Degassing whole bean coffees - Page 3

Discuss flavors, brew temperatures, blending, and cupping notes.
Charles Carroll (original poster)

#21: Post by Charles Carroll (original poster) »

Jeff wrote:I can't disagree that you enjoy those beans ... Your roaster seems to know how to produce great results with his greens and gear.

I see that you live in San Francisco. Do you go out for espresso? If so, may I ask where?

The last pleasing espresso I had in a cafe was on February 3 2020 at La Boulangerie on Union Street. It was a sunny afternoon under a bright blue sky. I was with my wife. The memory is still vivid in my mind. It started me again on the quest to find an espresso to my taste.

But I should explain. I had been drinking espressos for decades and thought I knew a little something about what an espresso should taste like. Then maybe 20 years ago in Rome on a late December afternoon after Christmas my wife and I stopped at a gelateria for an espresso and macchiato and of course a gelato. The young man behind the counter - he could not have been more than 20 years old - slid the espresso to me. The look in his eyes said, "What are you going to do about this?"

I looked down at the cup. It contained barely more than a teaspoon of dark black liquid. The young man was clearly challenging me to try something different. I took it back to the table where my wife was waiting. Seconds later I realized that for the first time in my life I was tasting an espresso I actually loved. The only words I could think of was that I had just tasted the very essence of coffee. Of course this is a description so abstract and unspecific and unscientific that it is basically meaningless. Nevertheless it has stayed in my mind for decades.

When I returned to San Francisco and did a little research I realized that the young man had given me a ristretto. When I look back on that afternoon in Rome I can only see it as having set a bar I may never be able to match. Since then I do not think that I have had more than five espressos that I would describe as truly fine. Whenever I hear the phrase cafe quality espresso I wince. I have taught myself to pull acceptable espressos - even good espressos - on my Europiccola. But the last good espresso I have had at a cafe was at the Boulangerie a year and a half ago. Nevertheless I am always willing to try if someone has a suggestion.

I don't think of myself as a connoisseur. I don't fool myself into thinking that I possess particularly discerning tastes, except as it comes to women, as anyone who knows my wife will attest.

But if you have a particular place that you go to in San Francisco for espresso, I would love to know of it.


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#22: Post by yakster »

DamianWarS wrote:coffee is cupped between 8 to 24 hours upon roasting as per the SCA standards. of course cupping is immersion and about as simple as it gets for brewing coffee it is also used to determine green bean defects (as per the SCA use) and not really about optimising the flavour by letting it rest. We should expect completely different results with espresso.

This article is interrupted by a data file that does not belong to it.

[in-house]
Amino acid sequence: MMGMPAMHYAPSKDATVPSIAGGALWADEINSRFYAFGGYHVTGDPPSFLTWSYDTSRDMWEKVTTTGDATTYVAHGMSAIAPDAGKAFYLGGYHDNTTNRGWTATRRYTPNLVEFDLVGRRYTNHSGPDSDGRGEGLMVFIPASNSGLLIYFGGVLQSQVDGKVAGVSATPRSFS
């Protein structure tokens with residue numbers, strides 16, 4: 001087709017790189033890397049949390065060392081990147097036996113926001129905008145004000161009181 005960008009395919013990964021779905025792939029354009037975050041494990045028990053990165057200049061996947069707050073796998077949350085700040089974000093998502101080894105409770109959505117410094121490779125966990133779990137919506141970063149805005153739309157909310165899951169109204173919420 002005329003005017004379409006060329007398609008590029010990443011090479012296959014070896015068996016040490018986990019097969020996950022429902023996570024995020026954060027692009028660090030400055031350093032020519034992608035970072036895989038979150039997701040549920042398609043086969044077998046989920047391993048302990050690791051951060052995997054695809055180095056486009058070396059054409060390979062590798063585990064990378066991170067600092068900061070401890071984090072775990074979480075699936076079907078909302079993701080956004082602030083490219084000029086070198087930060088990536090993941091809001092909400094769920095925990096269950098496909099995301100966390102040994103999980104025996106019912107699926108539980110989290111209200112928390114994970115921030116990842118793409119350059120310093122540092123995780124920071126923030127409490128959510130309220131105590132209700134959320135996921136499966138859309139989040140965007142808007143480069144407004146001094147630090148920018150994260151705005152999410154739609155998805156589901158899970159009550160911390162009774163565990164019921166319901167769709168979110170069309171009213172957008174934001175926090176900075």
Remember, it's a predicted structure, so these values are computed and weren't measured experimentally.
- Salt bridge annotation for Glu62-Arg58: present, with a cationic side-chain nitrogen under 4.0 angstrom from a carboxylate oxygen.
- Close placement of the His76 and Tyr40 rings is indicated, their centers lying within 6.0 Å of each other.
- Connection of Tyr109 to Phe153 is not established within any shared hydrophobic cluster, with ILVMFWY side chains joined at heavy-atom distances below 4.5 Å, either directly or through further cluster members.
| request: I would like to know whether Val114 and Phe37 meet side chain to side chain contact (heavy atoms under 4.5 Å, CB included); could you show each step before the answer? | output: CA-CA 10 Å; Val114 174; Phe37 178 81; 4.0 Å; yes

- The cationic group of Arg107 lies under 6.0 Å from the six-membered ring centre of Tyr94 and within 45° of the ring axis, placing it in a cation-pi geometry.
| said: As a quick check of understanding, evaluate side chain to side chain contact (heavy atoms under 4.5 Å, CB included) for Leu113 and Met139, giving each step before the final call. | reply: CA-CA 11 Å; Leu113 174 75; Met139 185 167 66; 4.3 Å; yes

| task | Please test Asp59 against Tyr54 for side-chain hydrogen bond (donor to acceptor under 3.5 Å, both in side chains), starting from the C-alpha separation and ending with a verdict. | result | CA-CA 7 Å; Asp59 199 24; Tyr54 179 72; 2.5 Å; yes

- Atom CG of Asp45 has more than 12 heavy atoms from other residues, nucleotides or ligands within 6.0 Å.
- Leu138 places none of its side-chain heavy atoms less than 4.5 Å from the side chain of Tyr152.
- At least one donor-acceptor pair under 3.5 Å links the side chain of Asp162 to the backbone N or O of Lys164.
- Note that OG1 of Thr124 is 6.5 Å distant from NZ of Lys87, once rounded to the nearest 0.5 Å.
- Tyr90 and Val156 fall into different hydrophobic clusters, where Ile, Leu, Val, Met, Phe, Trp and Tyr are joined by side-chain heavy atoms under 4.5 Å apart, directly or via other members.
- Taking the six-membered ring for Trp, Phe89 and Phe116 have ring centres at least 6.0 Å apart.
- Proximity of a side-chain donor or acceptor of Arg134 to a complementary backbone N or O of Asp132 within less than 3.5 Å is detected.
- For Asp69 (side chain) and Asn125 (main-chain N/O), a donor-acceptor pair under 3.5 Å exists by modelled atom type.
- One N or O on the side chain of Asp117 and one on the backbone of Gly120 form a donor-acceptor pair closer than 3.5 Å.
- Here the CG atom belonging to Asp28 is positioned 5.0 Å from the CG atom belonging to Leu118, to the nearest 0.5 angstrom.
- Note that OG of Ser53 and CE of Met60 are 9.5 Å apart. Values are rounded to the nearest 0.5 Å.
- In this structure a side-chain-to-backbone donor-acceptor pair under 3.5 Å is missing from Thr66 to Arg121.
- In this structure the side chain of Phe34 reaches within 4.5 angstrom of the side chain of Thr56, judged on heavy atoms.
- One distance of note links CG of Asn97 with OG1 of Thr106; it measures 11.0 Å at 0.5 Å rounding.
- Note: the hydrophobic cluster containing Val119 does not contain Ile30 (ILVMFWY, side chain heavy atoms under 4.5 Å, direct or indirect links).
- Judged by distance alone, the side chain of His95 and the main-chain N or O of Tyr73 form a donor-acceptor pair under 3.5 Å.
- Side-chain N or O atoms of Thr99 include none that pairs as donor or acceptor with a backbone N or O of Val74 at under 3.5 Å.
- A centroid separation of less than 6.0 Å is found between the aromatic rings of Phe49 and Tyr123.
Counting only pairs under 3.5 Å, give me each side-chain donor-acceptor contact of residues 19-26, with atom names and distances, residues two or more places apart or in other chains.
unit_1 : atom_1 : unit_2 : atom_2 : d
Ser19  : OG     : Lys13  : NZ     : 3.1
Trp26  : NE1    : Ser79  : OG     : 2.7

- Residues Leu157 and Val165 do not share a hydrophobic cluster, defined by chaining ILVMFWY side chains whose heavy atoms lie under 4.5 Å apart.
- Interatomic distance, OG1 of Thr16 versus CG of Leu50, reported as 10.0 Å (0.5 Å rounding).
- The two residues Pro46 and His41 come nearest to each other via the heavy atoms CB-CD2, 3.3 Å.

Apples and oranges as cupping protocol dictates a pretty specific roast.

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#23: Post by coffeechan »

You're going to have a harder time finding the type of espresso described in your post in SF. I'm not as familiar with your roaster, but it seems to me that your source leans more towards the old school maybe Italian style espresso. What you are posting makes more sense through the lens of how the Italians do it. I've occasionally perused Italian coffee sites and it's not strange to see them recommend a de-gas of a few DAYS after opening the bag of coffee for "optimal" usage. The methods the Italians use are quite contrary to how the past 2 decades of coffee culture has moved towards. Modern coffee and espresso focuses preserving origin flavors via light/medium roasting and consumption while fresh (5-7 days to a month out from roast personally depending). This is so called third wave espresso. The Italians predominantly don't follow this trend. They roast medium/darker and package with consumption being farther out in mind compared to most boutique roasters. One can call the beans "stale", but the Italians produce coffee to perform months out from roast. There's nothing wrong with liking modern or traditional Italian espresso. I've ordered a bunch of "stale" Italian coffee to work through just recently. It's a different style with it's own ways to optimize.

San Francisco dedicated coffee bars lean more towards modern espresso. I'd actually recommend Blue Bottle Coffee as probably fitting more your taste. Four Barrel, Ritual Coffee, Sightglass Coffee are other great coffee places, but specialize more in higher acidity origin focused coffee.

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#24: Post by yakster »

I'd consider trying Linea Coffee Roasters in SF.

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#25: Post by chipman »

Also Pinhole coffee in bernal Heights and Andytown in the outer sunset. (great baked goods also)


#26: Post by DamianWarS »

yakster wrote:Apples and oranges as cupping protocol dictates a pretty specific roast.
yes that's true, there's some ambiguity when people start talking about cupping that people can get carried away with. perhaps I wasn't clear enough with my original point but essentially I'm saying is just because you cup something 12 hours after roast and it's good, doesn't mean it will work for espresso, regardless of what standard you use or the motivation of the cupping.